Pizza and Cricket Cake Are Just Some of the Odd Flavors You'll Find at This Philadelphia Ice Cream Shop
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Little Baby's Ice Cream

Ice cream flavors can get pretty out-there, thanks to the growing number of creative scoop shops willing to take risks and broaden their customers’ horizons beyond chocolate, vanilla, and strawberry. Intrepid foodies can cool off with frozen treats that taste like horseradish, foie gras, and avocado, while Philadelphia's Little Baby’s Ice Cream is pushing the boundaries of taste with chilly offerings like everything bagel, Maryland BBQ, ranch, and cricket cake.

Cricket-flavored ice cream, created by Philadelphia-based Little Baby's Ice Cream
Little Baby's Ice Cream

Everything Bagel-flavored ice cream, created by Philadelphia-based Little Baby's Ice Cream
Little Baby's Ice Cream

As Lonely Planet News reports, Little Baby’s Ice Cream launched its first signature “oddball” ice cream—Earl Grey sriracha—in 2011. Since then, its rotating menu has only gotten quirkier. In addition to the aforementioned flavors, customers who swing by Little Baby’s this summer can even try pizza ice cream.

The store created the savory flavor in 2011, to celebrate neighborhood eatery Pizza Brain’s inclusion into Guinness World Records for its vast collection of pizza memorabilia. The savory, Italian-esque snack is made from ingredients like tomato, basil, oregano, salt, and garlic—and yes, it actually tastes like pizza, Little Baby’s co-owner Pete Angevine told Lonely Planet News.

Pizza-flavored ice cream, made by Philadelphia-based Little Baby's Ice Cream
Little Baby's Ice Cream

“Frequently, folks will see it on the menu and be incredulous, then be convinced to taste it, giggle, talk about how surprised they are that it really tastes just like pizza … and then order something else,” Angevine said. “That’s just fine. Just as often though, they’ll end up getting a pizza milkshake!”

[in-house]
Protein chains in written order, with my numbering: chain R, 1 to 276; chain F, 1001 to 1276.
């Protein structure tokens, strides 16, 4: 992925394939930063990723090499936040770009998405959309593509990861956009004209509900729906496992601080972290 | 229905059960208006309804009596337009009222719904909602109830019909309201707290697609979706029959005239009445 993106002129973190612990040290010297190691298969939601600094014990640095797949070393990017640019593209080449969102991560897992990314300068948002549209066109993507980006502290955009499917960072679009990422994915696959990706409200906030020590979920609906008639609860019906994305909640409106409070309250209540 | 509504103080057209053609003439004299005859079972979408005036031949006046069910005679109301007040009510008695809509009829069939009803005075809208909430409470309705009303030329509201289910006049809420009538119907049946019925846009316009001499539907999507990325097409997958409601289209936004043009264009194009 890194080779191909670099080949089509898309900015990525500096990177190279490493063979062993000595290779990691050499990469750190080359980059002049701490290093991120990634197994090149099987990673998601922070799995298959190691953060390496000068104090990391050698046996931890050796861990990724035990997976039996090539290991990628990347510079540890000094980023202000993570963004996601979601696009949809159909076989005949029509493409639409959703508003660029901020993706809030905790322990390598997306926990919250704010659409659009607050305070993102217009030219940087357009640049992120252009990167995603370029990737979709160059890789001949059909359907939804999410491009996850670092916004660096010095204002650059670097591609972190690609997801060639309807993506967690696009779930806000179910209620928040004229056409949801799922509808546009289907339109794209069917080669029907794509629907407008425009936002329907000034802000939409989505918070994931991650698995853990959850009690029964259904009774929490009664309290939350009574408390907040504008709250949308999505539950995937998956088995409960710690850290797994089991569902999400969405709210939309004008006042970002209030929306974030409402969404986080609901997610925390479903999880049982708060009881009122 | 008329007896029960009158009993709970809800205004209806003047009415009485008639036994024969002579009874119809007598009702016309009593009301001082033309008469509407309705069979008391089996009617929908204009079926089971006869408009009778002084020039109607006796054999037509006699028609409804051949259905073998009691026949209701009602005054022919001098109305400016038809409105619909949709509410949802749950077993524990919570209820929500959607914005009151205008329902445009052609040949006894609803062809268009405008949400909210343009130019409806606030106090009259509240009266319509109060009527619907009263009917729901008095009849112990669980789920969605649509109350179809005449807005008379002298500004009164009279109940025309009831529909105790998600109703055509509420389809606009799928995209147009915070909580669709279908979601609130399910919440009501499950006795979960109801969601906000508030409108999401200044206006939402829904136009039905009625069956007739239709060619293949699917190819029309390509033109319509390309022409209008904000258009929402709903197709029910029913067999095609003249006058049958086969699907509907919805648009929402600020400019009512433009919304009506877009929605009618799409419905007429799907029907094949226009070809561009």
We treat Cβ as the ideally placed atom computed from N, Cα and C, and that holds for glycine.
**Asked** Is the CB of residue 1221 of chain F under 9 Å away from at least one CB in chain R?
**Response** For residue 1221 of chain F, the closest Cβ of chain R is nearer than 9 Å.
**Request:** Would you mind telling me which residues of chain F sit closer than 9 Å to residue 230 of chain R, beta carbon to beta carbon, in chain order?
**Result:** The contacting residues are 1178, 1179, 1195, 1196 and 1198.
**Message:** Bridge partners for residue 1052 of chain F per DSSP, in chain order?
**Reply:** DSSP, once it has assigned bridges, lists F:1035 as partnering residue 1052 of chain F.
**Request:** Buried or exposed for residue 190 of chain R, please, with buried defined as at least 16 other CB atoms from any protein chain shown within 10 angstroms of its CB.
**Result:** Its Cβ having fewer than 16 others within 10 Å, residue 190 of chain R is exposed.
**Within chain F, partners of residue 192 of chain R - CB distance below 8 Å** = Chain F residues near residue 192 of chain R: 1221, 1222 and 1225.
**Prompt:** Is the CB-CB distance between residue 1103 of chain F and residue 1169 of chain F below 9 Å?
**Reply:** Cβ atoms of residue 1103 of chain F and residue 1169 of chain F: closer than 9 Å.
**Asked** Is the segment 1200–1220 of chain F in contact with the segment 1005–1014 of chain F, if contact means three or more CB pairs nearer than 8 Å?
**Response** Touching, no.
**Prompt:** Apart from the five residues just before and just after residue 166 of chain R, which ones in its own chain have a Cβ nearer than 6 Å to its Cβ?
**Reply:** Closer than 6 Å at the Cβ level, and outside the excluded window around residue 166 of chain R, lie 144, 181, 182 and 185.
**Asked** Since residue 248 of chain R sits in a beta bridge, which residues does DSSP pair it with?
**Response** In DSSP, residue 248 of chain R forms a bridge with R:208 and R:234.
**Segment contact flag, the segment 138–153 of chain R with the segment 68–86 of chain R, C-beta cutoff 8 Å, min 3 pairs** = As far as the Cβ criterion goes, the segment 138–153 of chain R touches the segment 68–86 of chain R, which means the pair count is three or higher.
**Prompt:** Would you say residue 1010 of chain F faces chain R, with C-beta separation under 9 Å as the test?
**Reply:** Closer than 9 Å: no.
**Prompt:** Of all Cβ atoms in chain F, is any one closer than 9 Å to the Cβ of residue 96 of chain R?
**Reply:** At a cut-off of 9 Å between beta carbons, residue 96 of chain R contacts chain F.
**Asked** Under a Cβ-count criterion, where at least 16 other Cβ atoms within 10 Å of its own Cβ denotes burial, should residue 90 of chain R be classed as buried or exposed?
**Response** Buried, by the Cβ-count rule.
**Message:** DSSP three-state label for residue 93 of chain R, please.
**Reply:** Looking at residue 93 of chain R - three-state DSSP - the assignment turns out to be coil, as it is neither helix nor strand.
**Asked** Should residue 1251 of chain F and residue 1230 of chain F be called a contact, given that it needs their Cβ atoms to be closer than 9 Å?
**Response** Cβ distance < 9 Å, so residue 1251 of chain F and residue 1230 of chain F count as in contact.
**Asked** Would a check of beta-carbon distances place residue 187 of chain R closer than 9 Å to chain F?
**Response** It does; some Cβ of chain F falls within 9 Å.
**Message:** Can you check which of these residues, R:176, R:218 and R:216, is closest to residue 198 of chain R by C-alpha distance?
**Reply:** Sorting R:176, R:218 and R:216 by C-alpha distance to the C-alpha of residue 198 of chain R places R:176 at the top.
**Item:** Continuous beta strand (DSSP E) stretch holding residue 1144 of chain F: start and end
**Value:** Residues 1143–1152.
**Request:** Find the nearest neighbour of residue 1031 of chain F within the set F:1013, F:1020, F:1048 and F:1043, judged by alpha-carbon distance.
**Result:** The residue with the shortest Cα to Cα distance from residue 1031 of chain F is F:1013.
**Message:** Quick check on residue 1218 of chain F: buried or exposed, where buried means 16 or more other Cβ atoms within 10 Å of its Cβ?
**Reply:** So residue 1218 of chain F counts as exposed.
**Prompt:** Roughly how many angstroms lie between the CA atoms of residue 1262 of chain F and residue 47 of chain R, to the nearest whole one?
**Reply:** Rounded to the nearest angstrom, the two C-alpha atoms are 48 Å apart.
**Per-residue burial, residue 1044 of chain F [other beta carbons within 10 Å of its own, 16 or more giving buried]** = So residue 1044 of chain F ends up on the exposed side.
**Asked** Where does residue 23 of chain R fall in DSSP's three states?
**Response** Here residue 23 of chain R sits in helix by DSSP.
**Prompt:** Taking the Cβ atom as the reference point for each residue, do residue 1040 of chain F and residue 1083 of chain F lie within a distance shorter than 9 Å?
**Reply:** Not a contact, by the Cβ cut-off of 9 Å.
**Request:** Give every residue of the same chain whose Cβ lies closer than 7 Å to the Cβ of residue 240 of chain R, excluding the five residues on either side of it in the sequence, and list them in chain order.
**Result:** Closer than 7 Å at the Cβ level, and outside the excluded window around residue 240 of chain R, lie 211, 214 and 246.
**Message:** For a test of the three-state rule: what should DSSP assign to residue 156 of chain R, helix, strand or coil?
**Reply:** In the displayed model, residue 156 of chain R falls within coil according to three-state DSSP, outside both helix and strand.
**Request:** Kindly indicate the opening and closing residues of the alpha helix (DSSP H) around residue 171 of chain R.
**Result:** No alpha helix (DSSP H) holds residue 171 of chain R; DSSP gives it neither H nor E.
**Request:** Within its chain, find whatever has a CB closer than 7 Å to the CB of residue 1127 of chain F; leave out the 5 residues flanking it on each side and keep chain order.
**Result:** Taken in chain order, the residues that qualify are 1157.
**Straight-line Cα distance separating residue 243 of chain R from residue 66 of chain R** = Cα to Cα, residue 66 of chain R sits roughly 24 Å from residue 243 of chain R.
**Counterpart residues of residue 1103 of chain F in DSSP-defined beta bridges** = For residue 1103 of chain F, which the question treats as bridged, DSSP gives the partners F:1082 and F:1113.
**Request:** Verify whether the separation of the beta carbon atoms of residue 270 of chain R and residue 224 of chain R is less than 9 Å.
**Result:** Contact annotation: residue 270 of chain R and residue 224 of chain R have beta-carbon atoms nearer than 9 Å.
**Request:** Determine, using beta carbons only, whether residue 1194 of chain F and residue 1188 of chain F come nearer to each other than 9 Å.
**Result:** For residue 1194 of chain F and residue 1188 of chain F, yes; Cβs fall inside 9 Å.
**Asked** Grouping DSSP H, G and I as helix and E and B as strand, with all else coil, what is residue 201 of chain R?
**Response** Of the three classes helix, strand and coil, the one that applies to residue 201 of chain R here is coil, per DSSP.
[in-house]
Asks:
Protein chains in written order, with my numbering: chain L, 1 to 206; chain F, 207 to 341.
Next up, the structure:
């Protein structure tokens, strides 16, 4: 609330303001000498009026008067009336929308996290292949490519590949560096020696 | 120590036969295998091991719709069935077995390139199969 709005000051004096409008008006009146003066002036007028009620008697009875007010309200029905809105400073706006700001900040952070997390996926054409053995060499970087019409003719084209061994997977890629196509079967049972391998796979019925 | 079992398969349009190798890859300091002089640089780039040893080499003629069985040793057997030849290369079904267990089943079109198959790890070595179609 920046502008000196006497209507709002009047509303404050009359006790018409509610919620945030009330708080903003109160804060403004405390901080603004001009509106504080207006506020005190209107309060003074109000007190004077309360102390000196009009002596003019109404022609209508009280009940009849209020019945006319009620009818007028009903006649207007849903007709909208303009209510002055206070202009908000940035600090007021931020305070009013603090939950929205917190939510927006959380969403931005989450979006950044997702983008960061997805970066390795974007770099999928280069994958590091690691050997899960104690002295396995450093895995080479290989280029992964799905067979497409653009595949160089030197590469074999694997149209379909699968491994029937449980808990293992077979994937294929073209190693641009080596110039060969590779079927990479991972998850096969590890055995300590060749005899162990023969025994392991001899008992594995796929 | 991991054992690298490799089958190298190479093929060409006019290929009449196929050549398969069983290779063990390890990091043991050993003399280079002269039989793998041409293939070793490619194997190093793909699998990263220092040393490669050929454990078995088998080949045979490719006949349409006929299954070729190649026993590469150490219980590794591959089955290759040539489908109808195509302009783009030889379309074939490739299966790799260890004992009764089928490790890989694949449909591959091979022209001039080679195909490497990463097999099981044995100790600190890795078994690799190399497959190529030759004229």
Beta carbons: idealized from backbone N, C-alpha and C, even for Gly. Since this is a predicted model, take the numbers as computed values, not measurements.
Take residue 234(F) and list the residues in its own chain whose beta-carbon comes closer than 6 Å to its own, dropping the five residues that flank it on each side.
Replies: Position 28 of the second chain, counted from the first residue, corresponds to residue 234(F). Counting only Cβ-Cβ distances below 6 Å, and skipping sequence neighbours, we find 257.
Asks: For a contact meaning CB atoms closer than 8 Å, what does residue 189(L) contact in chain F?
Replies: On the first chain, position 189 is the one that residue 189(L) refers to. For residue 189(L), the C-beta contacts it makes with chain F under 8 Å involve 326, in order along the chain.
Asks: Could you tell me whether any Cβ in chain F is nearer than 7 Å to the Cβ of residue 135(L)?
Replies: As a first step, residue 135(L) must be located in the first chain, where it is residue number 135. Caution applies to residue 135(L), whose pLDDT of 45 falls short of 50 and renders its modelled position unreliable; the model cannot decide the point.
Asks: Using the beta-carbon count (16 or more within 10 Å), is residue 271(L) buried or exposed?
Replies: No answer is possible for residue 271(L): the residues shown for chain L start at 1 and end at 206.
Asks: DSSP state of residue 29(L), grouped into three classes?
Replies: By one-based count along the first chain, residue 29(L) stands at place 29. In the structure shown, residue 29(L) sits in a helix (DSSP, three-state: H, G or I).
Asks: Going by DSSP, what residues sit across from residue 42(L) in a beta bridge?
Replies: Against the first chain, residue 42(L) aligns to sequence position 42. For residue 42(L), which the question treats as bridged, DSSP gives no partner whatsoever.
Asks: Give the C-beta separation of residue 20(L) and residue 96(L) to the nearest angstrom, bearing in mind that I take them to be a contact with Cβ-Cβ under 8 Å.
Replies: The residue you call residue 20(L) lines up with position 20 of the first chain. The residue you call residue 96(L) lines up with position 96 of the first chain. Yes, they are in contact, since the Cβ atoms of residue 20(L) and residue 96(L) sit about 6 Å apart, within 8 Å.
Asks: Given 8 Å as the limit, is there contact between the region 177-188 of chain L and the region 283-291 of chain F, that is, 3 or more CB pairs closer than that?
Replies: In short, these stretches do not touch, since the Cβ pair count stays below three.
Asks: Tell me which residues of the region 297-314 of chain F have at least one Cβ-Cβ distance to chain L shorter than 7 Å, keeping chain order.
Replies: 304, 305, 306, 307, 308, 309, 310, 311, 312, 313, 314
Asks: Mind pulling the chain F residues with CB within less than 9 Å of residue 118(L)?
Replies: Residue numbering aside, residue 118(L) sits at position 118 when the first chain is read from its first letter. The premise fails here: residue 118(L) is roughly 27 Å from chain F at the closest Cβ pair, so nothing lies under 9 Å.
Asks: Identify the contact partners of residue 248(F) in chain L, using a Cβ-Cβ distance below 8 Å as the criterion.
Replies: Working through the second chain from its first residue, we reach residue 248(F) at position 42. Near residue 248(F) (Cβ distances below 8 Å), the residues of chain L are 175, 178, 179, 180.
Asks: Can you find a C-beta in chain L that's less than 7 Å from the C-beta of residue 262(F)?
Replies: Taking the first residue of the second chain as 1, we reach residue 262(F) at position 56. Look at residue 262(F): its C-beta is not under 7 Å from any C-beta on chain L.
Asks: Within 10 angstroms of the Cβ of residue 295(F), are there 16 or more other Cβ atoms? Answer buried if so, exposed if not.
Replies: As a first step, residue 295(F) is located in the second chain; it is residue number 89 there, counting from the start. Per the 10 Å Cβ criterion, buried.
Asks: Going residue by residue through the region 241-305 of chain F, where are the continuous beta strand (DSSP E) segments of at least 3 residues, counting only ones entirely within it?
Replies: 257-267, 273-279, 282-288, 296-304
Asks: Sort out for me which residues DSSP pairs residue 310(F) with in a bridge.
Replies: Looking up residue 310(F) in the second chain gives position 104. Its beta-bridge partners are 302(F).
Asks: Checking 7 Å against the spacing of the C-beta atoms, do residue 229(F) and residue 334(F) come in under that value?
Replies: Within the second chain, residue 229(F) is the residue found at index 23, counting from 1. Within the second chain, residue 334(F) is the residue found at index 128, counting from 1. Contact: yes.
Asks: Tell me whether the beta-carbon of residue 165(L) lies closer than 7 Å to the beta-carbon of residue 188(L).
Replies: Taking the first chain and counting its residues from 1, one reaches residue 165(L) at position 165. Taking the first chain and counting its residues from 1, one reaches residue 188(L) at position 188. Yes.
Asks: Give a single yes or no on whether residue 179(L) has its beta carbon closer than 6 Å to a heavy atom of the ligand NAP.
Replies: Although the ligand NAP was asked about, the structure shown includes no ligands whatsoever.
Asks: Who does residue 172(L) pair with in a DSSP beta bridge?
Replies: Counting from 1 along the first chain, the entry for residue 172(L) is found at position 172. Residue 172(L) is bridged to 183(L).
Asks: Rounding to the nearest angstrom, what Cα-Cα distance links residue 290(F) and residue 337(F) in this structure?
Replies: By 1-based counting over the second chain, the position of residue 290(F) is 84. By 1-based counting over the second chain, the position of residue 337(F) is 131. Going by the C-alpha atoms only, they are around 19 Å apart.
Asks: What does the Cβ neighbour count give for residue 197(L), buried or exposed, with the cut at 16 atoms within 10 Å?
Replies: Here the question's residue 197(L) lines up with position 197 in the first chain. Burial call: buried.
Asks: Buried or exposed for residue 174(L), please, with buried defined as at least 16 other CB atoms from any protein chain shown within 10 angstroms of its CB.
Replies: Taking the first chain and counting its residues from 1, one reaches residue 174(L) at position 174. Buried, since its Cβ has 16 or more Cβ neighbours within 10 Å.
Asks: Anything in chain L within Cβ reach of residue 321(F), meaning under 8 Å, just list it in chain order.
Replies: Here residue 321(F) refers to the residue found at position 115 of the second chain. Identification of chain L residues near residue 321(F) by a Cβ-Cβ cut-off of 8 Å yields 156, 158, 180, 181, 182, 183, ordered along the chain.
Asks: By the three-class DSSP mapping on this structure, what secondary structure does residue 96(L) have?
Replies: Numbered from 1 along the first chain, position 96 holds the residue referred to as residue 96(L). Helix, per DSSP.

Little Baby’s flagship location is in Philadelphia's East Kensington neighborhood, but customers can also sample their unconventional goods at additional outposts in West Philadelphia, Baltimore, and a pop-up stand in Washington, D.C.’s Union Market. Just make sure to bring along a sense of adventure, and to leave your preconceived notions of what ice cream should taste like at home.

[h/t Lonely Planet]

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Warby Parker
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Space
Warby Parker Is Giving Away Free Eclipse Glasses in August
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Warby Parker

When this year’s rare “all-American” total solar eclipse comes around on August 21, you’ll want to be prepared. Whether you’re chasing the eclipse to Kentucky or viewing it from your backyard, you’ll need a way to watch it safely. That means an eclipse filter over your telescope, or specially designed eclipse glasses.

For the latter, you can just show up at your nearest Warby Parker, and their eye experts will hand over a pair of eclipse glasses. The stores are giving out the free eye protectors throughout August. The company’s Nashville store is also having an eclipse party to view the celestial event on the day-of.

Get your glasses early, because you don’t want to miss out on this eclipse, which will cross the continental U.S. from Oregon to South Carolina. There are only so many total solar eclipses you’ll get to see in your lifetime, after all.